I WAS 20 the year John Kennedy ran for president, too young to vote. I spent that summer in Donegal, where my parents were born. My Irish cousins were more interested in the American political race than I. My bland assurance that Nixon would win must have dampened their spirits, and made them wonder did Irish Catholics turn insipid across the Atlantic.
It came from my father, this blend of caution and contrary conservatism. He landed in New York in 1927, just in time to see his new country reject its first Catholic presidential candidate, Al Smith, with hatred and overwhelming numbers. Alone among our Democratic relatives, he gave Franklin Roosevelt no credit for leading the country through the Depression, and Harry Truman, was only, and always, the haberdasher from Missouri in his eyes.
In the 1950s, with our first television, we watched the Army-McCarthy hearings, and rooted for McCarthy. On Election Day, 1960, my mother came home from voting and whispered to me that Kennedy was going to win. Following her husband’s lead, she’d gone to cast her vote for Nixon, but something confused her in the booth and she pulled the lever for Kennedy. Divine intervention was the only possible explanation but even with God on her side she implored me not to tell my father she’d cancelled out his vote.
That night, I got hooked on politics, and on JFK. As the seesaw drama that would turn Theodore H. White’s The Making of the President 1960 into a best seller played out across the country, Kennedy’s victory suddenly became the most important thing in the world to me. I sat alone, past 11 when my father left for his night job in St. Vincent’s Hospital, past midnight when my mother and younger brother had long since given up the vigil, riveted by the poetry of the roll call of the states and the thunk of delegates falling to one side or the other, like the spinning roulette ball eventually dropping either red or black. By the following day, when Kennedy had definitely won, I was ready to march to the new frontier.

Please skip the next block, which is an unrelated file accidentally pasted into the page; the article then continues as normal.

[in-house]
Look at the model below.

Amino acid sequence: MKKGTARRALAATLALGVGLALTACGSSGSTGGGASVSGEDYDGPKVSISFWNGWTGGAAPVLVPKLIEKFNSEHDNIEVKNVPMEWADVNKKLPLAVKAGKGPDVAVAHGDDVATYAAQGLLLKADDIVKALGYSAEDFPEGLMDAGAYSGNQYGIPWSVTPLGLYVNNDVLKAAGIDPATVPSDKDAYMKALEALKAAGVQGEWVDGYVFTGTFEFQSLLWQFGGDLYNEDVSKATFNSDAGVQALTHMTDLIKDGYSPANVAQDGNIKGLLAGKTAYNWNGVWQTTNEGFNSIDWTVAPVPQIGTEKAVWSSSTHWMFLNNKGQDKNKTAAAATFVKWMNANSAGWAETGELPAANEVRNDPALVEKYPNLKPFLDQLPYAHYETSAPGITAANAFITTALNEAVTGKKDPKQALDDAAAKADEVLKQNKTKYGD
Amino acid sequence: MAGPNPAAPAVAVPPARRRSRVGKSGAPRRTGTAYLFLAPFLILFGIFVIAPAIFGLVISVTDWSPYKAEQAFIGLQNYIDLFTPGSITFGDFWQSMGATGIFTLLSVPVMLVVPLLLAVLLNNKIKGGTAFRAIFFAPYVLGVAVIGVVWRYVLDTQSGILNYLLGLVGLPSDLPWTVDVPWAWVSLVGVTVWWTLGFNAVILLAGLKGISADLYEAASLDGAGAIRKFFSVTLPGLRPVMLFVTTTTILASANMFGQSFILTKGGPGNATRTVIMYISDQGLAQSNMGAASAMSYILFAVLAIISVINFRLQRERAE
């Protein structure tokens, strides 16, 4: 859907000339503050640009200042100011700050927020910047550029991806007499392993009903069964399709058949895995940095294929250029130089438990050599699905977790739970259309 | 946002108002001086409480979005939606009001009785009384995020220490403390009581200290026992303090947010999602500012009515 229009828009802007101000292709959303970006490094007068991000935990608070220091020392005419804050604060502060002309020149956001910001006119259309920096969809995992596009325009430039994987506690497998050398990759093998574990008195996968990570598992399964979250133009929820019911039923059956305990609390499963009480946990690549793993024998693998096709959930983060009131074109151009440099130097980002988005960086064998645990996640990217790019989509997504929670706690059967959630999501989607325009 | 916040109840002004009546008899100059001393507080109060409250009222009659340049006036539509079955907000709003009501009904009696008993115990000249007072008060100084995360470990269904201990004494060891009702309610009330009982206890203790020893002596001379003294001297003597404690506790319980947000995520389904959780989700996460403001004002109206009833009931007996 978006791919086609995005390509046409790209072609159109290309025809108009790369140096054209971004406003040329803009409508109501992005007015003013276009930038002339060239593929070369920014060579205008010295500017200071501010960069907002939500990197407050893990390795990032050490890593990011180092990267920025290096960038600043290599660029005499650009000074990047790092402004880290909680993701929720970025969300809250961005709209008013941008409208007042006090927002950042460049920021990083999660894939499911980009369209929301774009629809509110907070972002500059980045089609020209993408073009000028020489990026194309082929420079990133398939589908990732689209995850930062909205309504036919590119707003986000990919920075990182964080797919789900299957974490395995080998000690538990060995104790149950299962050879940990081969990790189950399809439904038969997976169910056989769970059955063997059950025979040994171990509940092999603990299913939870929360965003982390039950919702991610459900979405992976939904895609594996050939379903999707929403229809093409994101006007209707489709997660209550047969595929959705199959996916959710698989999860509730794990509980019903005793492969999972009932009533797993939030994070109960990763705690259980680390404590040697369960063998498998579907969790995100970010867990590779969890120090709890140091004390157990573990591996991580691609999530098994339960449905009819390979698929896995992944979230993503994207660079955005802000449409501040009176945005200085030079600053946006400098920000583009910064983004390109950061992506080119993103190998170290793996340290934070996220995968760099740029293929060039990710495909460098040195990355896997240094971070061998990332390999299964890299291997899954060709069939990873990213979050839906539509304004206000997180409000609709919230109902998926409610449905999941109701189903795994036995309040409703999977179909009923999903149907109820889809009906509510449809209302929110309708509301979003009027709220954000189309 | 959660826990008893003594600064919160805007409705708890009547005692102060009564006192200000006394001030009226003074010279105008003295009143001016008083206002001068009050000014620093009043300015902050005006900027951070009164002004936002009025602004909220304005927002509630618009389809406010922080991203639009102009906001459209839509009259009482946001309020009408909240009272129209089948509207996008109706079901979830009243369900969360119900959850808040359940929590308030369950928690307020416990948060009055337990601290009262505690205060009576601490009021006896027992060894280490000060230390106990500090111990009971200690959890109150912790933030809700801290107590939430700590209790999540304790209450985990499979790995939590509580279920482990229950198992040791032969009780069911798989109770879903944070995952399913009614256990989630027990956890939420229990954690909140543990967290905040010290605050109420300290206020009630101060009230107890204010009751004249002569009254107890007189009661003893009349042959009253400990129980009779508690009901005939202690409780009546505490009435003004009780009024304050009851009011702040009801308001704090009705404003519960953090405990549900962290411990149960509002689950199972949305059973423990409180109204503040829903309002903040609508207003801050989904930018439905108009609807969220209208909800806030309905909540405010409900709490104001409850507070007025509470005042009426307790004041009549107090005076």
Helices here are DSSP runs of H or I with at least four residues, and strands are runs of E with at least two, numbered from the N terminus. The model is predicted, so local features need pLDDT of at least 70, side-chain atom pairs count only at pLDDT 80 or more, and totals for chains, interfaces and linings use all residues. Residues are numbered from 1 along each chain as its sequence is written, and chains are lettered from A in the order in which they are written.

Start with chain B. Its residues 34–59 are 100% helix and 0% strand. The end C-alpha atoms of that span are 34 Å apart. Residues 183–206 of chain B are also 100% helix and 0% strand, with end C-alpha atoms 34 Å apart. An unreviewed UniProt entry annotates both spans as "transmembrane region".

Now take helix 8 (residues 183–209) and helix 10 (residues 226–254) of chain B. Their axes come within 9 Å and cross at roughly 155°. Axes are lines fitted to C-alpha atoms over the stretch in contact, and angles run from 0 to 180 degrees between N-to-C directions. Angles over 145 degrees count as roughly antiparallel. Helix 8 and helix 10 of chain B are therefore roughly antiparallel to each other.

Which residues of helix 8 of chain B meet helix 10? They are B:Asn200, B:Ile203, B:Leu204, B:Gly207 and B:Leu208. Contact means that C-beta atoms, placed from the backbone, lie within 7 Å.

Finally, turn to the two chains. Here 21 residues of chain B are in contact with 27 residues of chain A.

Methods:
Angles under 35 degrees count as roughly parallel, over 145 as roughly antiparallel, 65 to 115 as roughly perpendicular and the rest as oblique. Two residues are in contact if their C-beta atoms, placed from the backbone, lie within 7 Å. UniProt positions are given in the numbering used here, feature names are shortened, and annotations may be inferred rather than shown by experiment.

Over the next two years, Kennedy’s inaugural challenge ask what you can do for your country sang in my head as I finished college and found a newspaper job. Working nights, I had plenty of time to read the American history and literature I’d missed in college, to watch Kennedy crisp and witty spar with the press, to root the astronauts into space, to feel the somber shadow of the Cuban missile crisis dissipate in the spring air. Two movements of the young called to me: the freedom riders joining the intensifying civil rights struggle in the south, and the stream of volunteers heading abroad in Kennedy’s Peace Corps. I didn’t see what I could bring to civil rights except a head to be cracked by Alabama cops and I wasn’t brave enough for that. But I’d studied Spanish for seven years and so the Peace Corps invited me to join a group going to Colombia. While in training, I read about Martin Luther King’s great speech in Washington, and the week before flying to Colombia I stood on First Avenue and saw Kennedy smile and wave as he swept by in a motorcade headed for the United Nations. It was a shining moment to be a young American heading out into the world.